In 1952, while a student at La Esmeralda—Mexico’s national school of art—American artist John Wilson (1922–2015) painted a powerful mural that he titled The Incident. The fresco depicted a scene of a racial-terror lynching at the hands of the Ku Klux Klan, as witnessed by a young African American family. Although the mural is no longer extant, this exhibition brings together publicly for the first time nearly all of Wilson’s known preparatory sketches and painted studies for it, as well as related prints and drawings. Inspired by the political and social activism of the Mexican muralists, in particular José Clemente Orozco, and haunted by images of lynchings that he had seen in newspapers as a child, Wilson revisited the subject of The Incident over many years as a way of grappling with racial violence, both past and present. The works on view, some disturbing in content, encourage contemporary viewers to do the same.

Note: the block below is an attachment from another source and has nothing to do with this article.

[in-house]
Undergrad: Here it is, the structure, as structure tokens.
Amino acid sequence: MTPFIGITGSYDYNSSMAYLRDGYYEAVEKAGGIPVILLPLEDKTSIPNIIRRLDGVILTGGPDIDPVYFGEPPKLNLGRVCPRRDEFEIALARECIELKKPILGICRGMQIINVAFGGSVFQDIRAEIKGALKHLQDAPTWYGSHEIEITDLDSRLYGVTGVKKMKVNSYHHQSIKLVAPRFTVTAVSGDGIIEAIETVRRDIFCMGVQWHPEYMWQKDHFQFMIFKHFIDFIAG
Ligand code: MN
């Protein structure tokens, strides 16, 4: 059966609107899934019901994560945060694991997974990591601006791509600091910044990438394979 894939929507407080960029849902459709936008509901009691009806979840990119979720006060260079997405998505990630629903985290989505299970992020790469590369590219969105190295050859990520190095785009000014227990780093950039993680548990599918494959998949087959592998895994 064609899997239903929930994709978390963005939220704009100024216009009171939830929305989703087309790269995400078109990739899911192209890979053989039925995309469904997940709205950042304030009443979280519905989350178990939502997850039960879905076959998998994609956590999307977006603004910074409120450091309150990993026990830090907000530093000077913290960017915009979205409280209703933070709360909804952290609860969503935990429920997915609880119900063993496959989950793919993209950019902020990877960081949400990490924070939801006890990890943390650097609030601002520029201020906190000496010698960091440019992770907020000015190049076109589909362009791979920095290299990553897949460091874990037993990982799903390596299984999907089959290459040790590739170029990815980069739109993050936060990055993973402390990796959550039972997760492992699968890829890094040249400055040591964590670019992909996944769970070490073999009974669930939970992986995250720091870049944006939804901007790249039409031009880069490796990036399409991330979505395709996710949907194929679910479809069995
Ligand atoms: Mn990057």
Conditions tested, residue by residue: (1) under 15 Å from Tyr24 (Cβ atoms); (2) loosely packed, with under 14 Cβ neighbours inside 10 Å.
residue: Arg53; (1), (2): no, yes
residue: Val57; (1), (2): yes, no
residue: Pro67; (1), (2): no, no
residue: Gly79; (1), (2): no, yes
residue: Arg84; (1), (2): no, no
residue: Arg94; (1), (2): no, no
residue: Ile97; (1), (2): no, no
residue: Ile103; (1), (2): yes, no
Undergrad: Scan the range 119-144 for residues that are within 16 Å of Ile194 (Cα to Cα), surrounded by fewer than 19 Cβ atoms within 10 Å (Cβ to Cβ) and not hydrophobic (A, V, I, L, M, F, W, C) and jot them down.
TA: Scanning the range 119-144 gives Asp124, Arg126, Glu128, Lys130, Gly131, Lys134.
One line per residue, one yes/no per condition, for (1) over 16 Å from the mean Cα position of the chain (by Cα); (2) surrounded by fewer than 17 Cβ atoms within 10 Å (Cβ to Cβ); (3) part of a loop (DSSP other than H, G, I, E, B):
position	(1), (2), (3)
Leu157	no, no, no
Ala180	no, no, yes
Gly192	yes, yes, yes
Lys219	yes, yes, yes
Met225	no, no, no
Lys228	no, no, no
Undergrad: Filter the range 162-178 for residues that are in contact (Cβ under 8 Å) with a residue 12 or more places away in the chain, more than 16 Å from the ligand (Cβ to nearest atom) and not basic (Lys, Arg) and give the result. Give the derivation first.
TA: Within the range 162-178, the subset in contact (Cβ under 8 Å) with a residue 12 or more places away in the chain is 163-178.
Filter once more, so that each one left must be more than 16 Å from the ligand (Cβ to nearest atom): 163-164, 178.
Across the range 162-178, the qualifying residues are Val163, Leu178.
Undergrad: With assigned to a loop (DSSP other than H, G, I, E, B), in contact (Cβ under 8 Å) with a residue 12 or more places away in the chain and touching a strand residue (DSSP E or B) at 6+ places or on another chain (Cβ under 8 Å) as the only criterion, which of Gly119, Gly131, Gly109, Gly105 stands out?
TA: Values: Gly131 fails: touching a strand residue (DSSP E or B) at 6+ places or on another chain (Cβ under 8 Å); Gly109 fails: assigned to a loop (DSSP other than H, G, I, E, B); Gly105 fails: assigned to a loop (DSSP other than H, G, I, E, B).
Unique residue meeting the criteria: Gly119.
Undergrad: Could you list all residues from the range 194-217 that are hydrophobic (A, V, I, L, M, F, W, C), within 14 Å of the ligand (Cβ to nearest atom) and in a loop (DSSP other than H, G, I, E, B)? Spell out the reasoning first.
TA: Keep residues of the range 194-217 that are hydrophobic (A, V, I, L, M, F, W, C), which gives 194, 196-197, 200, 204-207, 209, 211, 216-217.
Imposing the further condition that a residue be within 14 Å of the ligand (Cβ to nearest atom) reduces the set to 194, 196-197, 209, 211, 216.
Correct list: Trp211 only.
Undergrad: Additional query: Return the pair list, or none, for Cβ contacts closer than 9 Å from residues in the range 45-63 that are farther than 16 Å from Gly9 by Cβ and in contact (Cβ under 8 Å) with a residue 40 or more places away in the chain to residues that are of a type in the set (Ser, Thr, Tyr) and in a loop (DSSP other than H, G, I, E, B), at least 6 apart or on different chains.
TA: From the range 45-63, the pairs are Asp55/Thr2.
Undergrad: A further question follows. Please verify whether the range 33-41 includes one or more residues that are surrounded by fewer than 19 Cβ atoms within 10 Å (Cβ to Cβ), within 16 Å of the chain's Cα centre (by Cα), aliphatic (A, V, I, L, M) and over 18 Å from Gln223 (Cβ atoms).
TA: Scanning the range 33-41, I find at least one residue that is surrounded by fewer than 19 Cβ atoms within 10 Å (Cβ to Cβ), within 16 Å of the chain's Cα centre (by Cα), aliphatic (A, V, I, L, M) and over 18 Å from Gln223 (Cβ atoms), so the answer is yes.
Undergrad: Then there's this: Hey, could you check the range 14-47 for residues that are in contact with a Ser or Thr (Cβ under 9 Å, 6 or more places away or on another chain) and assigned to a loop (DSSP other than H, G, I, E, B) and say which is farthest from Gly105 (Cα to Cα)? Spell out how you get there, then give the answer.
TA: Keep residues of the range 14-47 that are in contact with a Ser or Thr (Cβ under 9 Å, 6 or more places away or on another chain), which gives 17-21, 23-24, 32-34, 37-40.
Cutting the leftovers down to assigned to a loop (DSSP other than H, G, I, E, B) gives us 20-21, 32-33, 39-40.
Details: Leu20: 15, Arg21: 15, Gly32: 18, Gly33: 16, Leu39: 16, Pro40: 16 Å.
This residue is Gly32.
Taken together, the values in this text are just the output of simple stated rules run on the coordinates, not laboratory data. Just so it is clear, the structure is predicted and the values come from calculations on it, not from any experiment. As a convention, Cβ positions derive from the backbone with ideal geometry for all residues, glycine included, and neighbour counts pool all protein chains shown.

Views of the Exhibition
Exhibition made possible by the Isabel B. Wilson Memorial Fund. Organized by Pamela Franks, Class of 1956 Director, Williams College Museum of Art, Williamstown, Mass., and former Senior Deputy Director and Seymour H. Knox, Jr., Curator of Modern and Contemporary Art, Yale University Art Gallery, and Elisabeth Hodermarsky, the Sutphin Family Curator of Prints and Drawings, Yale University Art Gallery.